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Adenocarcinoma of lung presenting with dysgeusia
  1. S Karthik,
  2. R Roop,
  3. N K Mediratta
  1. Department of Cardiothoracic Surgery, Cardiothoracic Centre, Thomas Drive, Liverpool L14 3PE, UK
  1. Correspondence to:
    Mr S Karthik
    Specialist Registrar, Department of Cardiothoracic Surgery, Yorkshire Heart Centre, The General Infirmary at Leeds, Leeds LS1 3EX, UK; suchkatsyahoo.com

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A 69 year old woman, a smoker for 40 years, presented with an altered taste sensation. Investigations revealed hyponatraemia with a serum sodium level of 122 mmol/l. Serum osmolality ranged between 248 and 255 mosm/kg; corresponding urine osmolality was between 430 and 835 mosm/kg. Biochemical tests of thyroid, adrenal, renal and pituitary functions were normal. Computed tomographic (CT) and magnetic resonance imaging (MRI) scans of the brain and pituitary gland were normal. Her serum sodium level returned to normal with fluid restriction. A chest radiograph showed a 3 cm spiculated opacity in the retrocardiac region. A CT scan confirmed a mass in the lower lobe of the left lung which proved to be a moderately differentiated adenocarcinoma. It revealed significant mediastinal lymphadenopathy. Mediastinoscopy failed to identify any nodal involvement. A left lower lobectomy was performed with lymph node sampling. Immediately before surgery the serum sodium level was137 mmol/l.

Her initial recovery from surgery was uneventful. However, the serum sodium levels started to fall from the fourth postoperative day and reached 117 mmol/l. She again complained of dysgeusia. Fluid restriction was commenced and her serum sodium levels recovered to 133 mmol/l with concurrent symptomatic improvement. Histopathological examination revealed a moderately differentiated adenocarcinoma, stage T2 N2 MX. At 6 weeks follow up her progress was satisfactory without any evidence of recurrence or metastasis. Her sodium values were now normal and she was symptom free.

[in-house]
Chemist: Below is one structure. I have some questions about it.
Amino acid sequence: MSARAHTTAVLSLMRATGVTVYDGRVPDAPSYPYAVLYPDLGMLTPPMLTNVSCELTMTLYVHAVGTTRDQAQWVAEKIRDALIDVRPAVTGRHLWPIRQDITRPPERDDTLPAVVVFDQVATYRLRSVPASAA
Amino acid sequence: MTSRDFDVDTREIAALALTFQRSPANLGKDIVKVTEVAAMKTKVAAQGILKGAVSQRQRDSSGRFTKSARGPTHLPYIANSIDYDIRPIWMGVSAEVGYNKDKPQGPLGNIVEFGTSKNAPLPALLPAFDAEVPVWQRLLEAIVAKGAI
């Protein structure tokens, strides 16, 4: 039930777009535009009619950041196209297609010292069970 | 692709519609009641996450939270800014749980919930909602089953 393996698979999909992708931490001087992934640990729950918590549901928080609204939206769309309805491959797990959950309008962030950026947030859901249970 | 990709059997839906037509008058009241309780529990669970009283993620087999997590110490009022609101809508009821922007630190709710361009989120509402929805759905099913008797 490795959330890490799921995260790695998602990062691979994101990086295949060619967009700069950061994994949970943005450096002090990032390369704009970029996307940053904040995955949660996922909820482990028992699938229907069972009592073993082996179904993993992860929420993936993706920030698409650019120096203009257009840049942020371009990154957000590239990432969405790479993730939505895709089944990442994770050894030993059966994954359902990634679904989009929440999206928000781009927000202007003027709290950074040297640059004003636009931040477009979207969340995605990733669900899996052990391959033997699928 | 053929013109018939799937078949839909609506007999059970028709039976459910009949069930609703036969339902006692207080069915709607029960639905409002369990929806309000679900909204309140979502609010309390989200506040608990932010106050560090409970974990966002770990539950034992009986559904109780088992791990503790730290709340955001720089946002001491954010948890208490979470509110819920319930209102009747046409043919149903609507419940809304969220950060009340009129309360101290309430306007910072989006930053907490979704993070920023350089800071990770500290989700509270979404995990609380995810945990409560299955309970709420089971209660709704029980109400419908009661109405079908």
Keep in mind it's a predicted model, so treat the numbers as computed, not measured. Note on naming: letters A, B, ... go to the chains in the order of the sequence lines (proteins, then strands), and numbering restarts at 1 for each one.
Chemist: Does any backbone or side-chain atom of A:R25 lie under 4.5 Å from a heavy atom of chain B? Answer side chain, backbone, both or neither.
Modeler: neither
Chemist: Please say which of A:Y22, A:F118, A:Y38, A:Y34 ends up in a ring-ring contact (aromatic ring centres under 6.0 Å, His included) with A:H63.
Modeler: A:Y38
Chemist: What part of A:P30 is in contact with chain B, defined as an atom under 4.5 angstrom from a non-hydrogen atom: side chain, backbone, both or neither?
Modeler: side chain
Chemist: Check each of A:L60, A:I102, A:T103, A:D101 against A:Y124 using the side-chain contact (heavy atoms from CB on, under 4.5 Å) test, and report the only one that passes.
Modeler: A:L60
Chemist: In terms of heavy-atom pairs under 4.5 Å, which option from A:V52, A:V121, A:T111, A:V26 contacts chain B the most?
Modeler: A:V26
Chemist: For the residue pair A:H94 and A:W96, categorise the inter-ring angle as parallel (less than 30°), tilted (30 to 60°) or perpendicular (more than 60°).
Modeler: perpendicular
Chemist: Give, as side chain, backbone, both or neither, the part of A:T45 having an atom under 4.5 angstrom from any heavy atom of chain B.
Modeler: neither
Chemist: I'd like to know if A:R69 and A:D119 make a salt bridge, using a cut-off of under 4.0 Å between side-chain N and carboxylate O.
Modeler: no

Dysgeusia is a known manifestation of hyponatraemia.1 The association between hyponatraemia due to the syndrome of inappropriate antidiuretic hormone (SIADH) and small cell lung cancer is well known.2,3 There are strict criteria for diagnosis of SIADH,3 all of which were fulfilled in this patient. In small cell lung cancer serum sodium levels return to normal within 1–3 weeks of initiating chemotherapy in about 80% of patients.3 In our patient the levels returned to normal 2 weeks after surgery. Endocrine paraneoplastic syndromes are well documented with small cell lung cancer but are less common with other forms of lung cancers.4 This is an interesting and unusual presentation of adenocarcinoma of the lung with dysgeusia as the sole symptom.

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